First-generation students most likely to miss out on college life hacks
As a first-generation college student, the most common phrase heard during your first year is that the worst thing that can happen is being told no.
Starting college can be overwhelming, especially for first-generation students. Not having a guiding hand throughout the college application process and getting settled at college leaves first-gen students to figure things out independently.
According to Very Well Family, first-generation college students are unaware of several nuances and common knowledge regarding college because they had no one to teach them.
Because of that, first-generation students are less likely to step out of a rigid path they’ve set for college as they are often afraid to mess up. However, asking questions could be the best thing you can do in college.
In order to make the best out of your college experience, take the chance and ask any burning questions on your mind. No question is a dumb question.
To start off, financial aid is a huge factor in deciding what colleges are at the top of the list for a majority of college students. After receiving your financial aid offer, you can go to the financial aid office and negotiate for a better package.
Even a few hundred dollars make a huge difference while paying for school. Taking the chance to go and talk to the office could land you a better aid package and that would make a huge difference.
Talking to your professors, especially during the first few weeks of classes can be crucial in building a relationship with them. Having a working relationship with your professors can not only help you in that class but also build a reference when you apply for internships and jobs.
To add on, picking a major can be challenging as many times we’re not sure if the major picked is the right one. You can ask your professors more about the field you want to work in and get many questions answered.
This could not only be a great networking opportunity but you would be able to get one-on-one answers from someone who has already worked in your field of interest.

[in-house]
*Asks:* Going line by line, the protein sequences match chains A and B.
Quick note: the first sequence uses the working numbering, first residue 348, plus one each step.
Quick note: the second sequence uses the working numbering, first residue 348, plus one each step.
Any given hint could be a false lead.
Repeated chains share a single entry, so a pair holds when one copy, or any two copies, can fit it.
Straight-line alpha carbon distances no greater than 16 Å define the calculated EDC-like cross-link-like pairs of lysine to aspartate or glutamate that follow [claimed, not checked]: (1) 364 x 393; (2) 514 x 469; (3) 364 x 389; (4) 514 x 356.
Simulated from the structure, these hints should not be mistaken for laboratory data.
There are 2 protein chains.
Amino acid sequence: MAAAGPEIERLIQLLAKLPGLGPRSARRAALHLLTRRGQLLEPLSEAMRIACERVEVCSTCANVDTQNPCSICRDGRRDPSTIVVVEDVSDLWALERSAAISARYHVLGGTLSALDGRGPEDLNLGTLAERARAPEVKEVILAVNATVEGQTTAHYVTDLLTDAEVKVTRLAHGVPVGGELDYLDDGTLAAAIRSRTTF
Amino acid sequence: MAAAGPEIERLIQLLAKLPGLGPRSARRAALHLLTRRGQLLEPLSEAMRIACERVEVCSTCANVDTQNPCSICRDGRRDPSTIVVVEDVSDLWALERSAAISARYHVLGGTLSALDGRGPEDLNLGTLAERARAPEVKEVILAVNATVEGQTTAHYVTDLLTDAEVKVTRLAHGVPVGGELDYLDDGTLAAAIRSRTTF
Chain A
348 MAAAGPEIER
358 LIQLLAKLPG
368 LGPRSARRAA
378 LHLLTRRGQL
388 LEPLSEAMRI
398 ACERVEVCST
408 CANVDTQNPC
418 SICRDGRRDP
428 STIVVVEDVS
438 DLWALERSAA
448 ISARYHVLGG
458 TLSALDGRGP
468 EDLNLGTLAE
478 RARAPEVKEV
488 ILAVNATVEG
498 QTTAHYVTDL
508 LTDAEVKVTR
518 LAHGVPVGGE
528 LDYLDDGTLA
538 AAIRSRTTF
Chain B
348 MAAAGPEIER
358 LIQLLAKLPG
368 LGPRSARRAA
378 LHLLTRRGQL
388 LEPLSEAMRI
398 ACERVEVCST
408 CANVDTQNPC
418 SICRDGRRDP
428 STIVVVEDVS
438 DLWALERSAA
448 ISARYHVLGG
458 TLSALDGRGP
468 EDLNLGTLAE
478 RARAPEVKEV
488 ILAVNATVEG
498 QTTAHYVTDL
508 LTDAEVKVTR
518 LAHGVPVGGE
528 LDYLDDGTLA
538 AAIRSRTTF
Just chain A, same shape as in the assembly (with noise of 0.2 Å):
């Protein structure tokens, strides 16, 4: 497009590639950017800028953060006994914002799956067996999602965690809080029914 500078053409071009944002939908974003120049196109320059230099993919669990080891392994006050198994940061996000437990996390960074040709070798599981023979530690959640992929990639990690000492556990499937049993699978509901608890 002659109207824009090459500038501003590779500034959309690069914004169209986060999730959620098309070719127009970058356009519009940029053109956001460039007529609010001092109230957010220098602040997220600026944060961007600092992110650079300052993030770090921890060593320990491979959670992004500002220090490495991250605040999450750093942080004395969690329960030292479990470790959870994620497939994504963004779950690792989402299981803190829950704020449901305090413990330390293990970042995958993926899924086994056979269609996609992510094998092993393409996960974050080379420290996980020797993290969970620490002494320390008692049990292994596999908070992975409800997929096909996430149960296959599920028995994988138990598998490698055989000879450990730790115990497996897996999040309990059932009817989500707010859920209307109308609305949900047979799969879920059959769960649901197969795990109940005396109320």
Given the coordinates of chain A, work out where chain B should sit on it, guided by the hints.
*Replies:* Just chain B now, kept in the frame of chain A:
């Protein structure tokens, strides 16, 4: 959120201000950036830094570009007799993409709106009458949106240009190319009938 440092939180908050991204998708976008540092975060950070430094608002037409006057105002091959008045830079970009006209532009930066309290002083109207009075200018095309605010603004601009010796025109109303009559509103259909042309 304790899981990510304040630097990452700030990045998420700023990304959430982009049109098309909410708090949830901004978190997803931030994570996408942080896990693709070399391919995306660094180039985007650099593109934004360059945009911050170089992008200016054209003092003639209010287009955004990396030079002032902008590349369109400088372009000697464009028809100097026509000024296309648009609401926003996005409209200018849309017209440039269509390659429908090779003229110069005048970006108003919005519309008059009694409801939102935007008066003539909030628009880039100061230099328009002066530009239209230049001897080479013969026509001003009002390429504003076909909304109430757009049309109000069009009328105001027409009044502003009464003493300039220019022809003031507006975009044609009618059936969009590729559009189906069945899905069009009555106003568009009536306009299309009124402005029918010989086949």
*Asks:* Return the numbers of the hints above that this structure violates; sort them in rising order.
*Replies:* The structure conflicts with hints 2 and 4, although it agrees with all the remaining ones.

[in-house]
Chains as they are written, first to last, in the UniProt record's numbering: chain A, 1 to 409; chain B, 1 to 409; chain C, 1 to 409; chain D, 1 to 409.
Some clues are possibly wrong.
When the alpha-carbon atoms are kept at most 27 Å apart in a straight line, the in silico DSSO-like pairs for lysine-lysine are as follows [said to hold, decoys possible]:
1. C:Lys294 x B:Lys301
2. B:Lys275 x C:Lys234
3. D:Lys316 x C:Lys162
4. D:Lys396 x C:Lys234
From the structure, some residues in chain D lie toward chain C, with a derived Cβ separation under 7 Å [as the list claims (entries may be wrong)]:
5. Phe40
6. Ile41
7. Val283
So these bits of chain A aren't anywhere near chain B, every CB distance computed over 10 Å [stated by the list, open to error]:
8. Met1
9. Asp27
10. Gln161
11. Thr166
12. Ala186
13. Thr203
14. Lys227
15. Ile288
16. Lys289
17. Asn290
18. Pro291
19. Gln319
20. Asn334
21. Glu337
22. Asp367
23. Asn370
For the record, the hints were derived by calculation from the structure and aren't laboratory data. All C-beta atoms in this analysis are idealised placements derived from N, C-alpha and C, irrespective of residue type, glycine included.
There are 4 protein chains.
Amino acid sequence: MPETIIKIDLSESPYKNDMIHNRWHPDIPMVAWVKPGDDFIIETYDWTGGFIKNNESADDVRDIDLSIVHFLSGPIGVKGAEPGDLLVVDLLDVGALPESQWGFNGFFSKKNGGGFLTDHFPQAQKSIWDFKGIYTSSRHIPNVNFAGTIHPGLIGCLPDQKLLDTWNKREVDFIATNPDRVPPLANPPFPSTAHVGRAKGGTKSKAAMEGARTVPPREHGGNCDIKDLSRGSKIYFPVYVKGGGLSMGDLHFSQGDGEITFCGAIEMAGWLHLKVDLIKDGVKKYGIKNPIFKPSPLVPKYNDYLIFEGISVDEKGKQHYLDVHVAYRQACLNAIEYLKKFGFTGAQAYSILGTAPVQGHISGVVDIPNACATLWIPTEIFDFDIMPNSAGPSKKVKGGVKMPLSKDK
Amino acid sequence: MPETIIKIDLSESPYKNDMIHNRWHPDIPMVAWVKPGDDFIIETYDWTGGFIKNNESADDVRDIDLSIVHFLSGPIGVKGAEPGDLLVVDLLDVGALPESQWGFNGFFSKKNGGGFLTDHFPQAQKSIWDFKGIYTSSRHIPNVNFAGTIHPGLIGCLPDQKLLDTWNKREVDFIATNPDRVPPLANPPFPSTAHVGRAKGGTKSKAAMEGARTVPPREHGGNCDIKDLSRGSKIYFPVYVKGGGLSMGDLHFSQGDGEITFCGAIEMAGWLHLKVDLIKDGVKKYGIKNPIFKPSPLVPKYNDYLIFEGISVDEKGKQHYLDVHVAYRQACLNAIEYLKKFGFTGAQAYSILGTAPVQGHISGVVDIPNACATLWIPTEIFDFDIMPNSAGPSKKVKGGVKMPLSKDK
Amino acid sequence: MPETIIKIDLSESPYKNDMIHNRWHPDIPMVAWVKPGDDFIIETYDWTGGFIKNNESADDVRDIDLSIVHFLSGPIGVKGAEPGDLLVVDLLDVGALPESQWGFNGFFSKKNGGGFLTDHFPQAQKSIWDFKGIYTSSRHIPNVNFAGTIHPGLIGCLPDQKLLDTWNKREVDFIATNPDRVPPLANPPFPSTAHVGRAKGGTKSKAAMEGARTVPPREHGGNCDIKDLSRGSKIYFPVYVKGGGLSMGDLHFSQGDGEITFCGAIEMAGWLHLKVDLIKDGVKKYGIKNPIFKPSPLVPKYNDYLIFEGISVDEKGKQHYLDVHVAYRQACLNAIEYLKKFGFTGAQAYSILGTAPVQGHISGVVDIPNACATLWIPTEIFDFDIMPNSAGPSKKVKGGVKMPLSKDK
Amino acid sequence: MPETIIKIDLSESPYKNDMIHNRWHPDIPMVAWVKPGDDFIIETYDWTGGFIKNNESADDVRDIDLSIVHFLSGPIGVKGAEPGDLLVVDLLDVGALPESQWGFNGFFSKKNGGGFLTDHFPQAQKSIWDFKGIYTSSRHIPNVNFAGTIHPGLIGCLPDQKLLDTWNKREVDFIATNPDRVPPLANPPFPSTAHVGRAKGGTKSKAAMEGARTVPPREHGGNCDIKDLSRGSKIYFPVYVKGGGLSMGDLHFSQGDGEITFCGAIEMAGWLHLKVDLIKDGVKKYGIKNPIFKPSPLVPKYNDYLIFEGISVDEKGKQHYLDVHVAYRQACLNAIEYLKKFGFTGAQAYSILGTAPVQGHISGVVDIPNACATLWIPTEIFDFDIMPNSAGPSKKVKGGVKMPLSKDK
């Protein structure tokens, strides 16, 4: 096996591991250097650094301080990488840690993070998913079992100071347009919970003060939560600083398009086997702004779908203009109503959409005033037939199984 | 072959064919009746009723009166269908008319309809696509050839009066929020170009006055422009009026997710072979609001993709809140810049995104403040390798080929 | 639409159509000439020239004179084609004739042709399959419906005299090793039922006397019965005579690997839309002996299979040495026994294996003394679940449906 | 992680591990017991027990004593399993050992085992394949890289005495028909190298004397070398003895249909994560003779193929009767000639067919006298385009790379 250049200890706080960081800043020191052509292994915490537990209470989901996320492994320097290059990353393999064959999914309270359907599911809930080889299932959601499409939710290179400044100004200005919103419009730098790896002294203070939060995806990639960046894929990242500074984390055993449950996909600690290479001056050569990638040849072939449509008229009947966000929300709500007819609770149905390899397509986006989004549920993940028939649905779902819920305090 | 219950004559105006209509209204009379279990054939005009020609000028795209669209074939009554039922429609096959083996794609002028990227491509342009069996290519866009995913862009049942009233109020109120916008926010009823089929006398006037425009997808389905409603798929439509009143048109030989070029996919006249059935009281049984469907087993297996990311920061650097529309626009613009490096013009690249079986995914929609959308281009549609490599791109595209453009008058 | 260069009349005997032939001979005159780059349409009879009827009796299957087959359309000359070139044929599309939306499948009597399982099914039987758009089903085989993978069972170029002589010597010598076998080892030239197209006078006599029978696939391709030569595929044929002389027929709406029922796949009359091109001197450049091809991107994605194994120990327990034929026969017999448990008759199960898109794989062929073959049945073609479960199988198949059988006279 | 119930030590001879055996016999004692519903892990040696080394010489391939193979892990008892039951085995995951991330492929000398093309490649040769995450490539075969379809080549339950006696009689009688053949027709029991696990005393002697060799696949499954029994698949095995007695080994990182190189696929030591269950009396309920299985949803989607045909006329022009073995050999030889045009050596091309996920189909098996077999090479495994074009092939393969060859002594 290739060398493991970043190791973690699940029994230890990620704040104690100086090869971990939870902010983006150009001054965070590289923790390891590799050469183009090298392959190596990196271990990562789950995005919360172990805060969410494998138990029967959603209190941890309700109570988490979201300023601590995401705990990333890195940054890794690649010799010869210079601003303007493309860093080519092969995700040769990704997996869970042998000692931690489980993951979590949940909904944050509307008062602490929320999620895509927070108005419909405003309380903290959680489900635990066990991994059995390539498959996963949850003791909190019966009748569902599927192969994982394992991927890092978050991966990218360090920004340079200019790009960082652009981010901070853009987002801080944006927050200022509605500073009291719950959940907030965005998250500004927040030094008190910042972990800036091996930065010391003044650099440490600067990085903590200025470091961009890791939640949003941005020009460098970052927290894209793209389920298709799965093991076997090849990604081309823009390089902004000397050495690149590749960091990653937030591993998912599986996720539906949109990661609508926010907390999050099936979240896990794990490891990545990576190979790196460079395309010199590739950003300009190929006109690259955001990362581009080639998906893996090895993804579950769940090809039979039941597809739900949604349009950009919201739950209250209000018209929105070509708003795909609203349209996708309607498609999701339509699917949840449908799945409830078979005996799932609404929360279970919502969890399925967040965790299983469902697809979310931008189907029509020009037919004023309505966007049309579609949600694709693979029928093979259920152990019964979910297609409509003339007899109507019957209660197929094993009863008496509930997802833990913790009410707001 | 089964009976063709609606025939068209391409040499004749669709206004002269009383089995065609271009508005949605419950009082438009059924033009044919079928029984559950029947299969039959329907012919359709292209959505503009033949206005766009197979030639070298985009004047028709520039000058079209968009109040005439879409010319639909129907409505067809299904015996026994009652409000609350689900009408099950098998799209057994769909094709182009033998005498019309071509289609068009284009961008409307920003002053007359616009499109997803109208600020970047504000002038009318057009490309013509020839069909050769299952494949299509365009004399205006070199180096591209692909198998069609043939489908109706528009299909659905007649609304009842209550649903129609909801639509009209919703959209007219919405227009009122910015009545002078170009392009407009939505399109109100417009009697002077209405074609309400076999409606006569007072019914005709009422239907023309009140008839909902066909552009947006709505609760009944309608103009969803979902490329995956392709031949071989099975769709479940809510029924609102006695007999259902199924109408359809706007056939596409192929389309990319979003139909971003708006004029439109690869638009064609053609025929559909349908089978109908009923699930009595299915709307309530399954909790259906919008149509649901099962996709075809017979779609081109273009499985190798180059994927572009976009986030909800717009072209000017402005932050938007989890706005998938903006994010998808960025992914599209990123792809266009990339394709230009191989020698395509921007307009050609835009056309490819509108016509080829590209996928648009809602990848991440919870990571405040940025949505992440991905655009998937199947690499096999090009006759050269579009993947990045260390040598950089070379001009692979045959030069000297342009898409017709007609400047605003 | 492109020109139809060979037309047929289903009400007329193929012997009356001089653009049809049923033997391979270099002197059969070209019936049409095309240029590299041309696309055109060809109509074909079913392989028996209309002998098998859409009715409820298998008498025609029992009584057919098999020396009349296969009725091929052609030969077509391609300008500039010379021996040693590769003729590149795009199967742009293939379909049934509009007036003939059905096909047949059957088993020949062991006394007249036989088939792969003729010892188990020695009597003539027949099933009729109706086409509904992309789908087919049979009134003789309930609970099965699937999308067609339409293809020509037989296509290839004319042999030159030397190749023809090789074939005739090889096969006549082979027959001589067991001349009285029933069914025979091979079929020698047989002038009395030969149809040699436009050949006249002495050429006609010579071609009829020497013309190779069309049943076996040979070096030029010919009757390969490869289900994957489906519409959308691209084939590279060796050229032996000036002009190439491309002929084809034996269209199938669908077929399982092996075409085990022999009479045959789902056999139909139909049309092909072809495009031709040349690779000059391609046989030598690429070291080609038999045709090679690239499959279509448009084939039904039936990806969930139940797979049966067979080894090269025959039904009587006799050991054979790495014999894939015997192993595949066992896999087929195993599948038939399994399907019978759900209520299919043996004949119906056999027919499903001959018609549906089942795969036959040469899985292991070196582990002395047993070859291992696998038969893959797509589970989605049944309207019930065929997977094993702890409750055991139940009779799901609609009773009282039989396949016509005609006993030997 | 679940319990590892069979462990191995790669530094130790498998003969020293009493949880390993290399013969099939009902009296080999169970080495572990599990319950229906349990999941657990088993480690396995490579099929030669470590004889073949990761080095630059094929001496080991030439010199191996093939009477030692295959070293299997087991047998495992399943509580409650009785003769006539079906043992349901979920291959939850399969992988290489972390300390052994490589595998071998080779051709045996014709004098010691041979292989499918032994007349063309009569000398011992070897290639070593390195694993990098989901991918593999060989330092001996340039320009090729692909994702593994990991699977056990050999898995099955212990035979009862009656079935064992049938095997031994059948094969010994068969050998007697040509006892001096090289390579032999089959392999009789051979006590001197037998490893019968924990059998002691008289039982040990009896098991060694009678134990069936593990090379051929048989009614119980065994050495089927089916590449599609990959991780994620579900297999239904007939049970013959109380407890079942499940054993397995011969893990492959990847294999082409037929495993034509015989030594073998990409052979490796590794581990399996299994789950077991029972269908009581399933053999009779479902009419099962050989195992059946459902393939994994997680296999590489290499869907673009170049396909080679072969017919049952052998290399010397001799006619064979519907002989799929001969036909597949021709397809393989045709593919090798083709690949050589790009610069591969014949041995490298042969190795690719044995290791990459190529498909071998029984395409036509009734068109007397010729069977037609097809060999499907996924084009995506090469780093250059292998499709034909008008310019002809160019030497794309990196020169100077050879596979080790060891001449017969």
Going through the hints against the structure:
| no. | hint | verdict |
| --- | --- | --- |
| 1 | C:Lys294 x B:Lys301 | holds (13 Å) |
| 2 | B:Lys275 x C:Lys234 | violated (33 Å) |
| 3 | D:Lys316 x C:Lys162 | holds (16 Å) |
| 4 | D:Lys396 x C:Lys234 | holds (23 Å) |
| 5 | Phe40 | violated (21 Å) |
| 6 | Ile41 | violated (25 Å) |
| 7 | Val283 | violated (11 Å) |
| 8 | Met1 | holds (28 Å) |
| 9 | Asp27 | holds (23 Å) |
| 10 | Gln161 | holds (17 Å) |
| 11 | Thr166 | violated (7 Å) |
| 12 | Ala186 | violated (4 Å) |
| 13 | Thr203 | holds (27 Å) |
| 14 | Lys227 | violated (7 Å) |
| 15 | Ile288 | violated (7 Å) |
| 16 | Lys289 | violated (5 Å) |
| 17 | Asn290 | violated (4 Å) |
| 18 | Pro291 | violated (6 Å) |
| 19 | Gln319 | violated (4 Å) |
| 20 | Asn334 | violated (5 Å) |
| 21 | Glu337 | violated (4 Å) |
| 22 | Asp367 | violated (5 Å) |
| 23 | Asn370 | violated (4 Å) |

Another important aspect of college that can slip many students’ minds is the internship and shadowing experience.
Networking is an important step in college. Through your LinkedIn profile, you could reach out to an alum and ask if you could get together to answer some of your questions. If all goes well, you could ask them to reach out to you if there are any internship opportunities in the future at their company.
For many students, self-doubt clouds their minds which creates a barrier that keeps them from reaching out to these experiences and opportunities.
First-gen students feel like they’re not good enough compared to their other peers which is completely false.
Many of these first-gen students offer different perspectives, ideas and experiences that create the diverse campus known as UH. Without these students, the university would be lacking and dull.
With that in mind, college is different for everybody. No one’s college experience is exactly similar to someone else’s. As much as setting a clear timeline is comforting, it can keep you from taking opportunities you never opened yourself up to.
During your first year at the university, take the chance and ask your questions.
The university is welcoming to students of all kinds and if you are looking for an organization to help you along the way, First Generation Coogs is the place to start.
Keep your head up high. You belong here.